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United and Continental FFP merger

Rising to the merger challenge

Merging FFP’s is no easy task.  After all, competitors design their programs based on having a benefit that the opposition doesn’t have.  So how do you square the circle when you merge the two?

United and Continental have been wrestling with that difficult challenge over the last several months and they announced what the new program is going to look like.

Winners and losers

In any merger there are always some winners and some losers.  Baggage benefits for some tiers seem to be the biggest losers in the new merged program.  However, UA/CO seems to have done a great job in balancing the new program.  And don’t just take SeaMountain’s thoughts on this!

Check out what the folk at FlyerTalk – those people who know the programs better than the people who designed them! – are saying.  You can read their comments, as well as the details about the new program here.  On the whole these are all positive.  And these people are a hard crowd to please.

One of the best comments from the site, will please not only those of who advocate that FFP’s be designed to reward behaviour but also CO/UA’s shareholders:  “From a business standpoint, the changes make sense. They reward those who fly or spend more than those who don’t.”  Which is a great summary!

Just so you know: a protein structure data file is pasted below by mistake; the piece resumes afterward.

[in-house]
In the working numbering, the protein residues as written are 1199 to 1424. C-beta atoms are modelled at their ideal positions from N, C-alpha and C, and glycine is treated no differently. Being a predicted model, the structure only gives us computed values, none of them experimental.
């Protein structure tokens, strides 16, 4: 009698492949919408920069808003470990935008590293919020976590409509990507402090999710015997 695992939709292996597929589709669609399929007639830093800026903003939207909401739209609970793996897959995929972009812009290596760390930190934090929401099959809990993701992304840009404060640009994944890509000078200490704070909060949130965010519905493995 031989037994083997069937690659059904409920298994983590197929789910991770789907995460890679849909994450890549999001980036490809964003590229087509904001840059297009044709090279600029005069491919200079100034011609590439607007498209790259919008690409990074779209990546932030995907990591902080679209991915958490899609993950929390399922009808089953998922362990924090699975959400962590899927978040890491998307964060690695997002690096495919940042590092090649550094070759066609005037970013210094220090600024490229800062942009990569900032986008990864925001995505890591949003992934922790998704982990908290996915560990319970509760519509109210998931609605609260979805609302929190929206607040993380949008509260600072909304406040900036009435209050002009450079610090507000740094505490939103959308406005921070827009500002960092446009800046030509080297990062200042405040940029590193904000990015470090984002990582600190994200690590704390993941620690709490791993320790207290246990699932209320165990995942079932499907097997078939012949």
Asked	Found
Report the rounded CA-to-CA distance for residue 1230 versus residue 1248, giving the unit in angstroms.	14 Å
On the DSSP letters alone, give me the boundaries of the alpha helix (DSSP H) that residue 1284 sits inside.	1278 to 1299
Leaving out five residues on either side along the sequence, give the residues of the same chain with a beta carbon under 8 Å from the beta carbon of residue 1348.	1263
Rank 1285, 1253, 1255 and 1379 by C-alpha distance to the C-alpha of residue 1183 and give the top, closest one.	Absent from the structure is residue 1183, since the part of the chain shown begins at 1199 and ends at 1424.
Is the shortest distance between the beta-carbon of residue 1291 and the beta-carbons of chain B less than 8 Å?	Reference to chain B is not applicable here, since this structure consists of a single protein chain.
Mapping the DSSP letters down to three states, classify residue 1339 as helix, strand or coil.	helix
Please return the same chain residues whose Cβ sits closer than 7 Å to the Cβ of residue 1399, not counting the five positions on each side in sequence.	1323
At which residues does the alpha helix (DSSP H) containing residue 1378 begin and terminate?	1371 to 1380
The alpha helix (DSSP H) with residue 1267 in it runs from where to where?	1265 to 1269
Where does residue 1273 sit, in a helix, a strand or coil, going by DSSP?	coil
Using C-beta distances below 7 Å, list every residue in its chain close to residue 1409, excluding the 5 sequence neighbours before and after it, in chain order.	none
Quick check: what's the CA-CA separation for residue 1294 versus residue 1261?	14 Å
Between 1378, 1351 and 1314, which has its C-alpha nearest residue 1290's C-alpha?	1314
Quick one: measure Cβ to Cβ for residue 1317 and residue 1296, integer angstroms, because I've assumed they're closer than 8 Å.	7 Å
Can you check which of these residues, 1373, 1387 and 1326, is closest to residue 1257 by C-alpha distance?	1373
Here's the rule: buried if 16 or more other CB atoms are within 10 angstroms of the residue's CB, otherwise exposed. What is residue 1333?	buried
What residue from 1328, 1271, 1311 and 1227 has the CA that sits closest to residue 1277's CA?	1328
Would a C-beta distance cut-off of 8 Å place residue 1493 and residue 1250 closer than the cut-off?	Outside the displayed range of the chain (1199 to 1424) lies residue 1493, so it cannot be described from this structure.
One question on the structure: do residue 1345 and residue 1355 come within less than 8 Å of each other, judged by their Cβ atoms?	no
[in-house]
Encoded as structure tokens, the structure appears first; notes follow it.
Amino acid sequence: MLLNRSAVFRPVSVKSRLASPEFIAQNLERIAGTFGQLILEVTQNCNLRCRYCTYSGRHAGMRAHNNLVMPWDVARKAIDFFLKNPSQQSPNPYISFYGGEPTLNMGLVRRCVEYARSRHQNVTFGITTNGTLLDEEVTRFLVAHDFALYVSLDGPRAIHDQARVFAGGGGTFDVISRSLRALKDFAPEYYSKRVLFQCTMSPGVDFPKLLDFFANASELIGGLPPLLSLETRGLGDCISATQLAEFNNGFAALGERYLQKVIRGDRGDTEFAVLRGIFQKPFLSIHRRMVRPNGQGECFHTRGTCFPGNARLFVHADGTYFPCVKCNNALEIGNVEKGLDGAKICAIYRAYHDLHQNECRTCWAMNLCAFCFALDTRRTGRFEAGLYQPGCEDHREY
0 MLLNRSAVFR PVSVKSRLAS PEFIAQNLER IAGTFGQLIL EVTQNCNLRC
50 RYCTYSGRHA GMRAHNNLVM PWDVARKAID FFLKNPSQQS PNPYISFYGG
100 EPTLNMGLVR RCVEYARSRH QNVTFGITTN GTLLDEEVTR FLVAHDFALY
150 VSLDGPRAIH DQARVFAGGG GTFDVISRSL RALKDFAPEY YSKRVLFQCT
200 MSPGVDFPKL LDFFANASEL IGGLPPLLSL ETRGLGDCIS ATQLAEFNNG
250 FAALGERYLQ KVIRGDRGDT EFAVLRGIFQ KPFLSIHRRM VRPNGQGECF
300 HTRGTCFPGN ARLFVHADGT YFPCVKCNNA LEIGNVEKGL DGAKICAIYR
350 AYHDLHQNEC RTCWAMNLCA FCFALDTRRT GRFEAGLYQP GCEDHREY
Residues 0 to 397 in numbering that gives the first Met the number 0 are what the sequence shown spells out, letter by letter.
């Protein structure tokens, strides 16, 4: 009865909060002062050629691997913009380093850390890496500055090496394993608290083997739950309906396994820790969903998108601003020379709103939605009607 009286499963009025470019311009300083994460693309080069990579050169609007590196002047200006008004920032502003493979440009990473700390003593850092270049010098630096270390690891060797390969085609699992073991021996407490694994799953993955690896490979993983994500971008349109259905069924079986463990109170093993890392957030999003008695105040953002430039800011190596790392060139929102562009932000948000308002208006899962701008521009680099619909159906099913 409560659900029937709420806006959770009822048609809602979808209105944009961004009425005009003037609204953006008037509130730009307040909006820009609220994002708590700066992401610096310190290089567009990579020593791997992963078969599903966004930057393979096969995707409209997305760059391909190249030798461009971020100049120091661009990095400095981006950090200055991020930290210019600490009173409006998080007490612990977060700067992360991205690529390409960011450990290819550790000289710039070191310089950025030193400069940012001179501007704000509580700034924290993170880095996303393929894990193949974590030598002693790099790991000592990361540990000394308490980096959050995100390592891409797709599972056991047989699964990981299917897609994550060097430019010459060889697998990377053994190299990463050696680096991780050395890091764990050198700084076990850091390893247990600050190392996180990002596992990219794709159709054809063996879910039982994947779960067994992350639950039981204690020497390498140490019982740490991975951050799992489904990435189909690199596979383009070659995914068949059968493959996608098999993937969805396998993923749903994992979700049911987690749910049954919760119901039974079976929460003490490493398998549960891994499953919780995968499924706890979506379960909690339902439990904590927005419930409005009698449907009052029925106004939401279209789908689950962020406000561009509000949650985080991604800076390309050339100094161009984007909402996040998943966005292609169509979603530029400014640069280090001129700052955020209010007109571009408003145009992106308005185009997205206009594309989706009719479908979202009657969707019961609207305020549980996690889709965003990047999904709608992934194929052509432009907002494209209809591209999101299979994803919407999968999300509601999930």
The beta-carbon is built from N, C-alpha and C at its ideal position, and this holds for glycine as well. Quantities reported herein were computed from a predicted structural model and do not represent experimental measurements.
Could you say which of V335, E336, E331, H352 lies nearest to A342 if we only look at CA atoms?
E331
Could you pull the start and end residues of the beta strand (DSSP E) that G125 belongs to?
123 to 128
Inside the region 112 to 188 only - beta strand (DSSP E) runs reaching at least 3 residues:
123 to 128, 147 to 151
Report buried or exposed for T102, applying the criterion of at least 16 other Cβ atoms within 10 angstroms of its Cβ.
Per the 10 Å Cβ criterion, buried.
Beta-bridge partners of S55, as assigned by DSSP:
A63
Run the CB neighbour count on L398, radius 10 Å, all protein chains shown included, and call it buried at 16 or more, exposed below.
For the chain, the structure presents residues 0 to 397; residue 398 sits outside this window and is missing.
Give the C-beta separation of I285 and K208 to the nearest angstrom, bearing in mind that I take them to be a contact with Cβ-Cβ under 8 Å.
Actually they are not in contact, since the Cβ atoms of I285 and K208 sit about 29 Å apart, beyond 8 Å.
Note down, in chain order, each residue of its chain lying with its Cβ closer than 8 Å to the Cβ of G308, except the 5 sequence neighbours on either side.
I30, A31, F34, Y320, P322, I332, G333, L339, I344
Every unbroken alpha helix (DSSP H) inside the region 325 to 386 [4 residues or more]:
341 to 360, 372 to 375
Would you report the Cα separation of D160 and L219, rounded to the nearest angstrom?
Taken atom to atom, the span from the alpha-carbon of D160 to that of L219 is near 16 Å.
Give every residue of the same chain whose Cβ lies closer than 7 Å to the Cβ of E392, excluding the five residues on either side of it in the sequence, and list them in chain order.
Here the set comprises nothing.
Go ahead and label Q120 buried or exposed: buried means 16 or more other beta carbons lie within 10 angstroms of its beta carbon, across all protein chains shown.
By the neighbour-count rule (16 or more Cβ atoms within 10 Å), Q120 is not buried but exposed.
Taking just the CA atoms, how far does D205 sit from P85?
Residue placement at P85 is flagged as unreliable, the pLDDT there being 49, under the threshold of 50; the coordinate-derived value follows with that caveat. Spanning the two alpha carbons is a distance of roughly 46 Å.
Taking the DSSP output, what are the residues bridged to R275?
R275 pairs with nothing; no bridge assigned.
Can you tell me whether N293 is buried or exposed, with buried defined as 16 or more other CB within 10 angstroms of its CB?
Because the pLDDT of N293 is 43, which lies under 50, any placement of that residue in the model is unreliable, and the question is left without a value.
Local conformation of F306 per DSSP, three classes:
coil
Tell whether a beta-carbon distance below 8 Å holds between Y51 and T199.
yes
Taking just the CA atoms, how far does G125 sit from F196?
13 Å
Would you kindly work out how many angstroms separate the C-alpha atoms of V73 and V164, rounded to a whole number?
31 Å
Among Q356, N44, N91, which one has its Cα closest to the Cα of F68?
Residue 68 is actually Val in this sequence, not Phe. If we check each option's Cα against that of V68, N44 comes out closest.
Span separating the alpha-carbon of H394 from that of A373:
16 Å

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A fast jet to?

You have to have a more than a degree of sympathy for EasyJet.  First there is a court battle with their founder over ancillary revenue.  Next, board members are up for ejection in a sort of X-factor show down (maybe Sir Stelios could be the new Simon Cowell?)

In between, EasyJet’s business seems to motor ahead, so much so that it is paying a special dividend.  And we are not talking pocket money here.  It is a cool £190 million.  £40 million is a maiden dividend and the rest is a one off.   All of this off the back of an improving operational performance which the management is so proud of that it feels confident to offer holders of its business orientated flexi-ticket a free leisure flight if they are more than 15 minutes late.  If that was on some other airlines that SeaMountain flies with regularly then we’d never have to buy another ticket so it is a confident move.

Part of the founder’s beef with the EasyJet management is about over expansion.  So it does seem a tad odd what the next chapter in this saga appears to be.  Apparently, Sir Stelios is planning to start up a new airline – FastJet (well it would hardly be SlowJet would it?)   The domain is already registered with a home page in blood red colours saying “By Stelios.  Coming Soon.”

Seems like it is “seconds out, round 300″ with the winner being either a knockout or submission from one side or the other!  Maybe the choice of that blood red colour is no accident!

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airBaltic – what next?

airBaltic is a very interesting carrier.  One that has re-invented its business model from a traditional full service carrier to essentially a hybrid LCC.  On top of that it has established BalticMiles as the coalition currency not just for frequent flyers but for numerous business in the Baltic/Scandinavia.

The current uncertainly surrounding their viability can’t be helpful for customers or staff.  According to reports the court has rejected the application for bankruptcy protection/administration although the airline continues to operate as normal.  It appears that the airline took this move as one of its major shareholders (the government of Latvia) is dragging its feet in terms of supporting an increase in capital for the airline.